Team of the week: West Virginia. The Mountaineers paid regional rival Maryland back for last year’s 37-0 beating with a dramatic 40-37 victory on a game-winning field goal as time expired. Truthfully, the Terrapins were fortunate just to be in the game. West Virginia jumped to a 28-6 lead and could have routed the Terrapins had it not self-destructed several times on Maryland’s side of the field. Still, the Mountaineers once again moved the ball at will. Clint Trickett was dishing out dimes. Mario Alford and Kevin White were producing plays. And a certain field-goal kicker, who I’ll get to later, came through in the clutch.
Disappointment of the week: Texas Tech. Something I was thinking about over the weekend: Had it not been for the sparkling win over Arizona State in the National University Holiday Bowl, what would the perception of the Red Raiders be right now? Outside that Arizona State win, Tech hasn’t played a clean game since losing 38-30 at Oklahoma on Oct. 26 of last year. Meanwhile, Arkansas ran right at the Tech defense Saturday, and there was nothing the Red Raiders could do. The offense behind Davis Webb hasn’t been crisp enough to overcome all the deficiencies defensively. Given how difficult the back end of the schedule is again, the concern level in Lubbock should be high.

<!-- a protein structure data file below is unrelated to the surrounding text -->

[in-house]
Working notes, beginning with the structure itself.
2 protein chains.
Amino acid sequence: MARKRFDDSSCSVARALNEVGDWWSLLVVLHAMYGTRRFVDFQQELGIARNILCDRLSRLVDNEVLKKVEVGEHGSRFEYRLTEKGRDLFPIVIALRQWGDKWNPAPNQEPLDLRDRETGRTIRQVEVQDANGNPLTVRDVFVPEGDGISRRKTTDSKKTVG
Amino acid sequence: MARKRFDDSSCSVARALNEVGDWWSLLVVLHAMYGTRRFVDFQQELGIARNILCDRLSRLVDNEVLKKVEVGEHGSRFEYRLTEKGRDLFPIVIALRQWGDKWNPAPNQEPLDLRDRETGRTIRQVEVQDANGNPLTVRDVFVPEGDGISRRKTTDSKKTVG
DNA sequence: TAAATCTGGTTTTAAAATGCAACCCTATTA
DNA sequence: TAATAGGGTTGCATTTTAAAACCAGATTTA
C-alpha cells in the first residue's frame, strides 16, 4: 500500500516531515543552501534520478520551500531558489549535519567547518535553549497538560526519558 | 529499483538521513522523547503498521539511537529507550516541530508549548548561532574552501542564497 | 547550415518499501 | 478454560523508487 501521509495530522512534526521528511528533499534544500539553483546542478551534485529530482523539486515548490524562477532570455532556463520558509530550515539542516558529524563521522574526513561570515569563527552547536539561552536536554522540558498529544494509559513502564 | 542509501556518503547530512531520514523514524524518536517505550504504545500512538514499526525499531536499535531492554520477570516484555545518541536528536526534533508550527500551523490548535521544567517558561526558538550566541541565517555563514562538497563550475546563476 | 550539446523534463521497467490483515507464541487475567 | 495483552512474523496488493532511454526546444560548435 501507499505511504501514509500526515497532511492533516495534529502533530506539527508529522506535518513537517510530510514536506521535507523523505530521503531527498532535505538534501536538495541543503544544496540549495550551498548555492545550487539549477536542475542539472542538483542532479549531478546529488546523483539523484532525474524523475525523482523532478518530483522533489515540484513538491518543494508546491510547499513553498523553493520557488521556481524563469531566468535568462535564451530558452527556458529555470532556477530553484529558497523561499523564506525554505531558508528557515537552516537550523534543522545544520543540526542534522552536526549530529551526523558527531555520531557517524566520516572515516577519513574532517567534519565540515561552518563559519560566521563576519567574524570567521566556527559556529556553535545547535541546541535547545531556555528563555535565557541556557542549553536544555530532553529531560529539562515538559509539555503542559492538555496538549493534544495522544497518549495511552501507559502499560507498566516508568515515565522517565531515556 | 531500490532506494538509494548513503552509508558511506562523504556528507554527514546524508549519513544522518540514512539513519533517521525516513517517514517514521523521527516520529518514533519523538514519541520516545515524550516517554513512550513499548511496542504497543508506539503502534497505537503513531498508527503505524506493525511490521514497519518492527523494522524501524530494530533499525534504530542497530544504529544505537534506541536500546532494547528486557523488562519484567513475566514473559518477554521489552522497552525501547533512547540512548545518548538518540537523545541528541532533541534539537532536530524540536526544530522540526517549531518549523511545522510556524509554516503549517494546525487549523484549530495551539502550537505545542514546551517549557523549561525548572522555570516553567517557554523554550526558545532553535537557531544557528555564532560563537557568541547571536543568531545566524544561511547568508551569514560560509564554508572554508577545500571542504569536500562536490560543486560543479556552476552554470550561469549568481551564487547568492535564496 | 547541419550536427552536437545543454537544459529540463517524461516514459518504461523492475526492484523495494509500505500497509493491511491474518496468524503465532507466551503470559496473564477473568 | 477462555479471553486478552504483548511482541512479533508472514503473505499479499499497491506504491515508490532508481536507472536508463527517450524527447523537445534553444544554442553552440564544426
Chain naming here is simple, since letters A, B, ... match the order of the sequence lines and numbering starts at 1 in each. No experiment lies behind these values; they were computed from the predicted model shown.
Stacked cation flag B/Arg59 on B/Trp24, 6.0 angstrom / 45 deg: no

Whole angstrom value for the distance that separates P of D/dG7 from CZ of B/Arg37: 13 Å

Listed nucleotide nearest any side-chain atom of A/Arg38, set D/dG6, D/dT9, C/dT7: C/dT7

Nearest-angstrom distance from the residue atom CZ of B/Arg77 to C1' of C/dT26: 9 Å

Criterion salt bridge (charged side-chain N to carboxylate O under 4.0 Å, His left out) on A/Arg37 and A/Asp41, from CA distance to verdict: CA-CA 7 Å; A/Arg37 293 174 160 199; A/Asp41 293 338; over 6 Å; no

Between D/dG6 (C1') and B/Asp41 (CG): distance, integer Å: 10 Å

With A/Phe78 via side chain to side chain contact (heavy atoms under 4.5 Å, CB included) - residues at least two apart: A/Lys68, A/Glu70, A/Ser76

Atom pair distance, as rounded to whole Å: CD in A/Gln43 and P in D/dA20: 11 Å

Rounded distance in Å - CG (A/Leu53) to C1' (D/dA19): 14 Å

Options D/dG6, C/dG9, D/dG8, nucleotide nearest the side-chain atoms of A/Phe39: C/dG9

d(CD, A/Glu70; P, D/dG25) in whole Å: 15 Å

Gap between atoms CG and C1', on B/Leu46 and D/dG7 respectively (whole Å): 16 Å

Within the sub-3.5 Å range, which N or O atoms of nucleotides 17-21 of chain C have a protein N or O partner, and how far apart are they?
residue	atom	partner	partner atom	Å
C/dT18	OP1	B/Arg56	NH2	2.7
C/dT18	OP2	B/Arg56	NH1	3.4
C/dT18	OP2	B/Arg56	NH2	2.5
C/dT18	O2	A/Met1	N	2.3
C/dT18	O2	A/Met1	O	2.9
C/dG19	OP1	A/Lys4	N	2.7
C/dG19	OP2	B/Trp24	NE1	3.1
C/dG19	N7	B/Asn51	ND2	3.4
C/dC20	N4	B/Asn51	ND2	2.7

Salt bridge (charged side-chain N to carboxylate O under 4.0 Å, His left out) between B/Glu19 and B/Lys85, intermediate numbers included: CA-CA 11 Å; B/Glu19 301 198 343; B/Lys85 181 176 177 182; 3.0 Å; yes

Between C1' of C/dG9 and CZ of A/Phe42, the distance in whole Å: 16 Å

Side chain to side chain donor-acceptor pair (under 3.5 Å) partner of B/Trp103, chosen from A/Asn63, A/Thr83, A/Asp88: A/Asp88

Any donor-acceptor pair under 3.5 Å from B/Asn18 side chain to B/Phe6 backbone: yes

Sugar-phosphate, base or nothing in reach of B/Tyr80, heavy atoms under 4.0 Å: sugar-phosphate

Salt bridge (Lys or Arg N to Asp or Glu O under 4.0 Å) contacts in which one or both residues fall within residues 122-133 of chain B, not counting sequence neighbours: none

Big (offensive) men on campus: Trickett and White. If the season ended today, the three All-Big 12 receivers would be K.D. Cannon, Sterling Shepard and White, who is now second in the country (behind Cannon) in receiving. And if the season ended today, the Big 12 Offensive Player of the Year would be Trickett, who threw for 511 yards and four touchdowns in the win over Maryland. The Trickett-to-White pass-catching combo has been nothing short of awesome so far this season.
Big (defensive) man on campus: Paul Dawson. TCU’s senior linebacker led the purple crushing of the Minnesota offense in a 30-7 win over the Gophers. Dawson finished with 15 tackles, including four for loss, a forced fumble, a fumble recovery and a pass breakup. Overall, the Horned Frogs forced five turnovers and limited Minnesota to just 268 yards of offense.
Play of the week (other than the Lambert and Netten field goals): Late in the second quarter with the game knotted at 3-3, Texas elected to go for it facing fourth-and-8 at the UCLA 38-yard line. And in the biggest play of his young career, quarterback Tyrone Swoopes rolled out and delivered a 33-yard strike to John Harris. Three plays later, Swoopes hit M.J. McFarland for a touchdown to give Texas a 10-3 lead and all the momentum heading into halftime.